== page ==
Blind Justice: Tim McClelland Could Call Game Five of the ALCS Blind-Folded
When an umpire blows a call in a baseball game, critics are always quick to forgive. Many argue that is just the human element of baseball.
But when an umpire like Tim McClelland and his crew mess up more than one call in a single game, let alone a playoff game, fans and baseball critics start to wonder whether the umpiring crew is even qualified to call certain games.
On Tuesday night, Tim McClelland blew two calls.
The first blown call was calling Nick Swisher out, when he was clearly not even looking at Swisher. Later on in the game, Yankees players Jorge Posada and Robinson Cano were on base. Right in front of McClelland, Angels third-baseman Chone Figgins tagged the two Yankees. Neither of the two players had a foot on the base.
McClelland ruled Posada out and Cano safe at third. The crowd at Angels Stadium went wild. Angels fans, Yankee fans, and baseball fans all over the world knew and acknowledged how bad a call that was.
After the game, McClelland commented on how bad his calls were: "I'm just out there trying to do my job and do it the best I can."
The odd part about all of this was that he later commented on the possibility of being behind the plate in game five of the American League Championship Series.
McClelland said, "If I am given the opportunity of calling balls and strikes in game five, I will call the game blind-folded to show that I can make really good calls without my eyes. I believe deep inside that I made a great call by saying that Nick Swisher left the base too early and I had the right to call him out without even looking at him. If I could make that call without my eyes, calling balls and strikes will be a breeze."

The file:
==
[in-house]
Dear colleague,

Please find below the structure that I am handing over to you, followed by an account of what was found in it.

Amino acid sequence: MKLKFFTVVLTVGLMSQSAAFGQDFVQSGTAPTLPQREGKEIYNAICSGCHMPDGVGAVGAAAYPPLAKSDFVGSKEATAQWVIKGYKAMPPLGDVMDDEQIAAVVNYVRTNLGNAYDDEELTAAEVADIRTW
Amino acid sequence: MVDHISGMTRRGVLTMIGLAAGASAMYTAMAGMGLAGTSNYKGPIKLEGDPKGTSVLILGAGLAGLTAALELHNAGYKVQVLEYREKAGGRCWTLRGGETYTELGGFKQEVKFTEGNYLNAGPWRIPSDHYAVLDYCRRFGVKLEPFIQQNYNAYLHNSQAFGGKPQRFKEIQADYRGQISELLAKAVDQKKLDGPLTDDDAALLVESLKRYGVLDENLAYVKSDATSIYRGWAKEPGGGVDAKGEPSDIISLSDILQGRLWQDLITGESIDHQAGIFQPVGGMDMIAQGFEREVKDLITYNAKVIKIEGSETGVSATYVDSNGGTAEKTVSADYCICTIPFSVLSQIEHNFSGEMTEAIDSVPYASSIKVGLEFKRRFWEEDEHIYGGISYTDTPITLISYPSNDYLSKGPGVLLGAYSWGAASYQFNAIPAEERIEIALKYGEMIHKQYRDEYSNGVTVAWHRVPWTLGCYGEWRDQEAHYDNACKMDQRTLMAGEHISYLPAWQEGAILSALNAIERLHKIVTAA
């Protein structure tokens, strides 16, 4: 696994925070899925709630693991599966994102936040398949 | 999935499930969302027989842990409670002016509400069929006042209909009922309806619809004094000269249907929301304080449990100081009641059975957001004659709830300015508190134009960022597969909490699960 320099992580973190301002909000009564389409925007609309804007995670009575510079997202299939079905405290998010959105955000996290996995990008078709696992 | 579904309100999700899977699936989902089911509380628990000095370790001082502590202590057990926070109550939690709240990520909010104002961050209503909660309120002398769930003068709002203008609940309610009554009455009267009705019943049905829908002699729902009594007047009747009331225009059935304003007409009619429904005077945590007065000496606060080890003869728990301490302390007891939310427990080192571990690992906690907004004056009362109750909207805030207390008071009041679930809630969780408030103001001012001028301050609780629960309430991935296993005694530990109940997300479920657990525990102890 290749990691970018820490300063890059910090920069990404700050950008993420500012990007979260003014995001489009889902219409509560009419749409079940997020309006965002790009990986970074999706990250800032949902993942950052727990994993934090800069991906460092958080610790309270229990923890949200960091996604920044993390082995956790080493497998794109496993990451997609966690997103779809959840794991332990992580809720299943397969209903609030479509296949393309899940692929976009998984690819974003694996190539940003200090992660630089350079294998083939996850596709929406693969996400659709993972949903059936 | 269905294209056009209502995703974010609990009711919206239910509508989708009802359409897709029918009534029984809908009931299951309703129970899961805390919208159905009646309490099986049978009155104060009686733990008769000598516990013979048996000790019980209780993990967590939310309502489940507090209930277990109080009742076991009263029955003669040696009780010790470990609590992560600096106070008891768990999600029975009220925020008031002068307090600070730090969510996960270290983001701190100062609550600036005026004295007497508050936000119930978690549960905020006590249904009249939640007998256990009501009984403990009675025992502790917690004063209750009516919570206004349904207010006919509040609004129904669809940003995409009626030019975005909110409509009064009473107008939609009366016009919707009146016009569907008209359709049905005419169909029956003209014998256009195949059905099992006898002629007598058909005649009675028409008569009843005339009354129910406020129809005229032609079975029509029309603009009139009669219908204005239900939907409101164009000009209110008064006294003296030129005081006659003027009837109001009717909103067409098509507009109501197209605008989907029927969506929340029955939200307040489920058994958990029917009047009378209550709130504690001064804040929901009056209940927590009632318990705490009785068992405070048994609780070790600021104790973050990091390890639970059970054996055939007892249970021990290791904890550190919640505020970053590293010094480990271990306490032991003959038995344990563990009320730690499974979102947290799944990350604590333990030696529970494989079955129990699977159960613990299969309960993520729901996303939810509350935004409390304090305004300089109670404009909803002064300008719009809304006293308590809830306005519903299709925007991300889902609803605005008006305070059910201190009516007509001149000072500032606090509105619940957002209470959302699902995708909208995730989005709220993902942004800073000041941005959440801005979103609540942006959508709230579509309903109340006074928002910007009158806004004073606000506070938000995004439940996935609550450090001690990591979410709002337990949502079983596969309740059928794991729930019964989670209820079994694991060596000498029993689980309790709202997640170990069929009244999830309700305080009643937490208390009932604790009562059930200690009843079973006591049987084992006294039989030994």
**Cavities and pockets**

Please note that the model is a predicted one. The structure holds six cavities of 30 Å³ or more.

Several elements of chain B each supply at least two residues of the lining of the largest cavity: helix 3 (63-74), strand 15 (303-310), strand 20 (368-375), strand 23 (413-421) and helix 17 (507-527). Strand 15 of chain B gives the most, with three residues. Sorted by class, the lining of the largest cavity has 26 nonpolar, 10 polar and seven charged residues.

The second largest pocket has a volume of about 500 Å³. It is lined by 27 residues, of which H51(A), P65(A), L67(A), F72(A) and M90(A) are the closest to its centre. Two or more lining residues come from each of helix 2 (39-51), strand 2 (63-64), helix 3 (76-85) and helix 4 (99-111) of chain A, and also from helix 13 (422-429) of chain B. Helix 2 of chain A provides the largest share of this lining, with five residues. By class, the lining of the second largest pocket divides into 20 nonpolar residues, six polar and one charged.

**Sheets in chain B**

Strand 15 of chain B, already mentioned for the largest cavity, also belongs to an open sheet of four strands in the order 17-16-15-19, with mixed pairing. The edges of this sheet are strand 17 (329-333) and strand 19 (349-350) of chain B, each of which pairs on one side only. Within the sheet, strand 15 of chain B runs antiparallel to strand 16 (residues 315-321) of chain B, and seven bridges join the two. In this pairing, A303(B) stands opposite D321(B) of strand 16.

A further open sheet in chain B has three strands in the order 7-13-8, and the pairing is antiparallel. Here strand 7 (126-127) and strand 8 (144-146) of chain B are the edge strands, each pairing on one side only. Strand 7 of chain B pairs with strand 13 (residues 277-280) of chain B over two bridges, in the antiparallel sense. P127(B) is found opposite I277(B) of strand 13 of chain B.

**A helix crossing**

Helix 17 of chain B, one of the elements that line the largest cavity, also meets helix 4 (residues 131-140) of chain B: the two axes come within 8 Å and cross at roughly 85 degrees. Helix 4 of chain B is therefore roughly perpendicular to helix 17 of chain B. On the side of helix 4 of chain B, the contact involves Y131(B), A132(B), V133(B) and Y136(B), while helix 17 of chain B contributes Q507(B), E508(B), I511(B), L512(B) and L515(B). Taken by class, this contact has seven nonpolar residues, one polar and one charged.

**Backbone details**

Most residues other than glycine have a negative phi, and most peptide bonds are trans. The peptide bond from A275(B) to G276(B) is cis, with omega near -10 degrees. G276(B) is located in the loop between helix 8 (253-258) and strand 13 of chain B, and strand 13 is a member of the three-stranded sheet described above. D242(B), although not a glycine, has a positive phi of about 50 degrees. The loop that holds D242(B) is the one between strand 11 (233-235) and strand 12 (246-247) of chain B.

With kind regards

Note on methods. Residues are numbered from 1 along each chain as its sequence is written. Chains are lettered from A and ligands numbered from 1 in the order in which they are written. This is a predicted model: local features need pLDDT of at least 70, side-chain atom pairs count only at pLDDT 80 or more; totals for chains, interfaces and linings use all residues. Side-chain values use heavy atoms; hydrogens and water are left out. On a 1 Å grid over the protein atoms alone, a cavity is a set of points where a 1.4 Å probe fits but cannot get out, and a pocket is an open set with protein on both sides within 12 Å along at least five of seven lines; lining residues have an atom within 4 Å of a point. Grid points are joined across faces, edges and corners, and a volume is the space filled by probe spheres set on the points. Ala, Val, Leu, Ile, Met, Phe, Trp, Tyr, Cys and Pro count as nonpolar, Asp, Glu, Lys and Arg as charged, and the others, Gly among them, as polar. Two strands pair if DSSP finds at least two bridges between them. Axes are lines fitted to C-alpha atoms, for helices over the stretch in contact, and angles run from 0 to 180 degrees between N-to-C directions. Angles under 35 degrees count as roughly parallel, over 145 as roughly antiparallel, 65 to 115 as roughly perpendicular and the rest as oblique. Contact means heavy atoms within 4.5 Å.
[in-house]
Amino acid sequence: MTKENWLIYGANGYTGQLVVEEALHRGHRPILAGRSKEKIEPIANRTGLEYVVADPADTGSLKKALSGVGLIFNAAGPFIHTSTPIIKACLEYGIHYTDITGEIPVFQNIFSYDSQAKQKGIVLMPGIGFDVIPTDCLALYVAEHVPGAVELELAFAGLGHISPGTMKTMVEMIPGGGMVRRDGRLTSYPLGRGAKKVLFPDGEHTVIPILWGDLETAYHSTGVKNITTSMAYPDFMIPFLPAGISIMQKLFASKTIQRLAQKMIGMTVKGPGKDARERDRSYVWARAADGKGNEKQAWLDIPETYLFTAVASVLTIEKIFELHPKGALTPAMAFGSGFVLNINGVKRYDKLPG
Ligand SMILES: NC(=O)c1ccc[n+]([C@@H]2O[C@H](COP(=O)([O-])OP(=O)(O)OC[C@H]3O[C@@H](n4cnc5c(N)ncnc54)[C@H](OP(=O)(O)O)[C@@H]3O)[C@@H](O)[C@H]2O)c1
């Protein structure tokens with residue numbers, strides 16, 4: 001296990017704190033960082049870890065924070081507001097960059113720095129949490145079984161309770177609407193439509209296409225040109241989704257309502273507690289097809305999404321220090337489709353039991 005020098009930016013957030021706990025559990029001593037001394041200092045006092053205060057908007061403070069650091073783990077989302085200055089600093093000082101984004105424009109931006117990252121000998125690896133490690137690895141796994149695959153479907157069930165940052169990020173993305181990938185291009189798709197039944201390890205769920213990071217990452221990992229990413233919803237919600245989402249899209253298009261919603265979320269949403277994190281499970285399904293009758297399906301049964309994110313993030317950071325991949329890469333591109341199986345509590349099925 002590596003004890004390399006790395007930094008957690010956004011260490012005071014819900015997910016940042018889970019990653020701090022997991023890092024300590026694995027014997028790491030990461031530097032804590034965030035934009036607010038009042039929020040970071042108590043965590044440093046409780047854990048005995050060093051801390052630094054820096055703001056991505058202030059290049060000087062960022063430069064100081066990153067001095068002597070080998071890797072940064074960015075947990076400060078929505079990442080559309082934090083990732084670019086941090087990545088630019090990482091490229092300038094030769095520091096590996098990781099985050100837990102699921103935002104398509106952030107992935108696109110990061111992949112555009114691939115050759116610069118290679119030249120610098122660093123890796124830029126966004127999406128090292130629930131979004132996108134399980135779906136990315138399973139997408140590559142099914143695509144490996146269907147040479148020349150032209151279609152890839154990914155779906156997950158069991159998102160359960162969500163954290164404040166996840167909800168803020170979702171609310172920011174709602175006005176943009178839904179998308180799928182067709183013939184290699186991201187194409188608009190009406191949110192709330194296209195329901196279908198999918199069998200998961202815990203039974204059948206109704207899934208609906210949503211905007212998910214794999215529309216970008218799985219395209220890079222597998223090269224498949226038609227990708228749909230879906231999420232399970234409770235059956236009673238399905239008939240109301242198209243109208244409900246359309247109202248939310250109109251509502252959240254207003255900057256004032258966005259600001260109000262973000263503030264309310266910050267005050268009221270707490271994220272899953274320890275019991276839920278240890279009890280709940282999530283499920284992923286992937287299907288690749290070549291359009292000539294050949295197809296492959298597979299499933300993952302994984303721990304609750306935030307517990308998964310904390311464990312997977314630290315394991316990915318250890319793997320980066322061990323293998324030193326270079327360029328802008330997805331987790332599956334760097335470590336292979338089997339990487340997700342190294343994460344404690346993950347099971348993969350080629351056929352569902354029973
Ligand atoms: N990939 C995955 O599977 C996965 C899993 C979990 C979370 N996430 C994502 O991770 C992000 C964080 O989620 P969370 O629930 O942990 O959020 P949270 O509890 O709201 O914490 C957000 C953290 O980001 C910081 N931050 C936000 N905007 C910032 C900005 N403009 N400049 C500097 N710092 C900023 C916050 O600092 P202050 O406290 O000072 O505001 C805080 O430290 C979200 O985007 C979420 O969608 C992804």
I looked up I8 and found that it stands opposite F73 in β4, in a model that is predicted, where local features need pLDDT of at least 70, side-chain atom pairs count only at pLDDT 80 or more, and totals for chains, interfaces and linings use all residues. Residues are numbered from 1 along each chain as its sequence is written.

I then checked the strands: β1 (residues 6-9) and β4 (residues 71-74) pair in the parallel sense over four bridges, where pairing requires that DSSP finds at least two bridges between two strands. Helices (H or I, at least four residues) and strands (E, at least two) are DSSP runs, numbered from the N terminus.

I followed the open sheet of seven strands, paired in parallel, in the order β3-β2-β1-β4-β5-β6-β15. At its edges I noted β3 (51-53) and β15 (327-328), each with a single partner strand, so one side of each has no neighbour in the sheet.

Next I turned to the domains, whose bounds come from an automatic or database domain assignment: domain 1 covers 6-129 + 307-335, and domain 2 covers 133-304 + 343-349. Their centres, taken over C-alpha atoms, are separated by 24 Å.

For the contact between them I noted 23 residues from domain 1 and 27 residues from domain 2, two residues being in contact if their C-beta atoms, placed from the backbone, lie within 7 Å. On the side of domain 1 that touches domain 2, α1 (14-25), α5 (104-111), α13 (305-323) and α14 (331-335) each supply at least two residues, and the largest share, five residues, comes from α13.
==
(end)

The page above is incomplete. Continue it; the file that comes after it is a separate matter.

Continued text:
Tim McClelland has been in many big games throughout history that involve a team trying to get an edge. He was part of the Sammy Sosa infamous "corked bat" game and George Brett's "Pine-Tar" game. But it seems even more unfair for a team to get an edge from the umpires. If an umpire keeps messing up calls for one team and not so much for another, many would call that an edge.
Game five will be entertaining to watch, especially if Tim McClelland is chosen as the home plate umpire. Umpiring with eyes seems difficult enough for McClelland, so nobody can wait to see how he'll do without any sight at all.
All most people have to say to McClelland as he heads into game five is, "Good Luck!"
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